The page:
U.S. shippers, uncertain over timely settlement of the West Coast ports dispute, are making contingency plans against additional service disruptions,
according to a nationwide survey by logistics specialist BDP International.
Currently favored actions, reported by 74% of supply-chain managers surveyed, include cargo diversions to East Coast ports, favored by almost 52%; increases in safety stocks, 34%; alternate sourcing, 29%; and diversions to Gulf Coast ports, 29%. Shippers also anticipate long-term changes in supply-chain management, to be prepared for similar disruptions in the future.
West Coast ports reopened Oct. 9, after the Bush administration imposed an 80-day cooling-off period under the Taft-Hartley Act. Federal mediators this week ordered a one-week break after negotiators failed to reach agreement on pension provisions.
BDP and its Centrx supply-chain-consulting unit commissioned the survey by Adler Research between Oct. 24 and Oct. 30, two days before announcement of the tentative agreement on one key issue -- technology.
Nearly 63% of managers surveyed then were not optimistic about a timely settlement. Fully 53.5% favored extending the Taft-Hartley cooling-off period beyond the current 80-day limit.
Among other findings, almost 63% of respondents said the West Coast port work stoppage came unexpectedly. Still, 44% reported preparing contingency plans prior to handle possible problems.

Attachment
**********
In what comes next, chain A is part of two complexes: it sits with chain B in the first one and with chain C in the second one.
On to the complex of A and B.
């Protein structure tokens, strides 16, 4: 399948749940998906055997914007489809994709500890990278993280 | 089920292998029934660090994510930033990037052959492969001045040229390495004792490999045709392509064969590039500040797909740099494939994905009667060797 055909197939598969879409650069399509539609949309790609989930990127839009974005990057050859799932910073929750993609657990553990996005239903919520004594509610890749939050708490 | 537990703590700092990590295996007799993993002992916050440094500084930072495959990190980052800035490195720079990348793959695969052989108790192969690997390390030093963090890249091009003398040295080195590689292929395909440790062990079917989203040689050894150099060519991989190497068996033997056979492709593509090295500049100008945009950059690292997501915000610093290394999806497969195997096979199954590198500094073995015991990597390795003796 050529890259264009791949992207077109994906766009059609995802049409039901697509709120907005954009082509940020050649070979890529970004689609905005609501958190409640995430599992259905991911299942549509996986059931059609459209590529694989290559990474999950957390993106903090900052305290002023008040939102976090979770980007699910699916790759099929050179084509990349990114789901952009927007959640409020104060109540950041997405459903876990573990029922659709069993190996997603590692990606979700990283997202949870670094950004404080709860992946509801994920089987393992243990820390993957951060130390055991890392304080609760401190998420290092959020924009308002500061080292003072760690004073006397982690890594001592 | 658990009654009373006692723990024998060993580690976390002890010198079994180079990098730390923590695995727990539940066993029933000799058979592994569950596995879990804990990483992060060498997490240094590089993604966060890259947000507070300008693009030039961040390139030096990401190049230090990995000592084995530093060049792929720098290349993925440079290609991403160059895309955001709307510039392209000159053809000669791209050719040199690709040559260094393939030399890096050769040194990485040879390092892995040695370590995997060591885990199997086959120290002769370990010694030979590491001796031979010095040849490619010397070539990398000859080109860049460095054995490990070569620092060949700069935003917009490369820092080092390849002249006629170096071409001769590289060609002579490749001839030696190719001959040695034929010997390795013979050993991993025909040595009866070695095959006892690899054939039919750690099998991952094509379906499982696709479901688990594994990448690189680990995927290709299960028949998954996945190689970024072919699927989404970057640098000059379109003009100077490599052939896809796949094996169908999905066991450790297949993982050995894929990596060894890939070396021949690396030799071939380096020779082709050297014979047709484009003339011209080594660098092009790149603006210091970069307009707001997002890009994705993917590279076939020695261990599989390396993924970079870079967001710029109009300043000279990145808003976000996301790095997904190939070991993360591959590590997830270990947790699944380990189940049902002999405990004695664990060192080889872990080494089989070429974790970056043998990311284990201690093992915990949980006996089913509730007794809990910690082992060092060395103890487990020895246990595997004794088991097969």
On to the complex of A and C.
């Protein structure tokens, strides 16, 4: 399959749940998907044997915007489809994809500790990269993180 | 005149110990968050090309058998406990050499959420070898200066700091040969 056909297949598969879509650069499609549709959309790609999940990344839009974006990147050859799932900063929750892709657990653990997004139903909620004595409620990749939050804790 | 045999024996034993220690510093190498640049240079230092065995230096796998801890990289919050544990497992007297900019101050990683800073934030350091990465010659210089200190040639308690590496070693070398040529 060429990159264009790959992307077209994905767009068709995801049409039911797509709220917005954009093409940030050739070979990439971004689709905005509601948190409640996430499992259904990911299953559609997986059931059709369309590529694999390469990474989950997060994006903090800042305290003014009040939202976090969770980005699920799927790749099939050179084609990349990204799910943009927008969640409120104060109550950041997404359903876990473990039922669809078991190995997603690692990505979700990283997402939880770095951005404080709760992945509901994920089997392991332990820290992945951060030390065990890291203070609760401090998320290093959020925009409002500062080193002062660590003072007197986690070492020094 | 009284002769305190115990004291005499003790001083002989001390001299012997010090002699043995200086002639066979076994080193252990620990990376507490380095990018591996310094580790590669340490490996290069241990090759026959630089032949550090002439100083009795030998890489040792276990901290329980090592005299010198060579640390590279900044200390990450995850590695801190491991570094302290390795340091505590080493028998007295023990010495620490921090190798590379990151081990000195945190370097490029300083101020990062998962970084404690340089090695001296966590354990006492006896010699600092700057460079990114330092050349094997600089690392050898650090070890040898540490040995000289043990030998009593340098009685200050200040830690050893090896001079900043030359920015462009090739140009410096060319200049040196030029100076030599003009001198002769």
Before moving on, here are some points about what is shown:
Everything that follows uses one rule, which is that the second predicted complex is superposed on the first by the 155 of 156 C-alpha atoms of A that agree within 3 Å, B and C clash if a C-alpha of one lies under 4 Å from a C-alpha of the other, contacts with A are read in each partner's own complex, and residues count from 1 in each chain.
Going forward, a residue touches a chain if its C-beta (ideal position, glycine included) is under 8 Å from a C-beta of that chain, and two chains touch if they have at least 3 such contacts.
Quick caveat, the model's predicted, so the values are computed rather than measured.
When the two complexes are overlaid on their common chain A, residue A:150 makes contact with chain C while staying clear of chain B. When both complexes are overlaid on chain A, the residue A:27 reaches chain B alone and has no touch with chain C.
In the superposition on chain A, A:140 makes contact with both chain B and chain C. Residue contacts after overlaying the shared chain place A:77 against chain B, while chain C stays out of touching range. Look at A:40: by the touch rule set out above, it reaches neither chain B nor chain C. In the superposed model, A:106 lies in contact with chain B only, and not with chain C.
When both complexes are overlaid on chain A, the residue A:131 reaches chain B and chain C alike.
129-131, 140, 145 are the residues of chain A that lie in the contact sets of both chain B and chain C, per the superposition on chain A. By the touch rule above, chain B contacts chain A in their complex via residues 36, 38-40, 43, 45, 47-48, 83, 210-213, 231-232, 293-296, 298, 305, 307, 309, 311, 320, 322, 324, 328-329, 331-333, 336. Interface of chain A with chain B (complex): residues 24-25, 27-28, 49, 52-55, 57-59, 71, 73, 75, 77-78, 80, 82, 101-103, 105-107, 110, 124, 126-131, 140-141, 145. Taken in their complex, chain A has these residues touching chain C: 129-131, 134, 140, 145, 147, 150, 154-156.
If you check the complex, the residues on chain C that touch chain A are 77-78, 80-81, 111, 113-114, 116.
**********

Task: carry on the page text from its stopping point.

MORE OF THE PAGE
Reported one shipper, "We were prepared for a number of two- or three-day closures that would cause one-week or two-week backlogs. We did not expect a two-week closure that would cause a month-or-more backlog."
Another said, "I would have expected this during July, but not so far down the road. I can't believe this was allowed to happen, considering the major impact it would cause to a vast number of economies."
Other shippers reported layoffs, angry customers and financial impact from lost sales and higher transportation costs. The business impact to one international shipper was compelling: "We are very discouraged. This is the first year that we have imported from Asia and it has been a terrible experience."
Said another importer, "One product line was unable to ship for the month of October because it was sitting on a boat waiting to be unloaded. This hurt the company and its customers."
Not all shippers complained, however. Wrote one, "It was great. It helped our sales. We are a U.S. manufacturer...and with reduction in foreign dumping...our company received orders from many companies looking for a domestic alternate source."
As for long-term effects, while more than 48% of respondents reported no plans to alter supply chain strategies due to the shutdown, a 52% majority planned increased reliance on alternate port facilities. East Coast ports were the clear favorite, at 33%, followed in descending order by ports along the Gulf Coast, 21%; in Canada, 16%; and Mexico, 6%. About 21% of shippers planned to increase safety stock, while the same percentage expected to seek alternate sources for essential items.
BDP International, co-sponsor of the research, is a privately owned global logistics and transportation services company headquartered in Philadelphia. It operates freight import/export logistics facilities in more than 20 cities throughout North America and a network of wholly owned subsidiaries, joint ventures and strategic partnerships in more than 140 countries.
Centrx, the other co-sponsor, is an independent unit of BDP established to share intellectual capital with companies seeking to achieve greater supply chain value and logistics process improvement on a global level.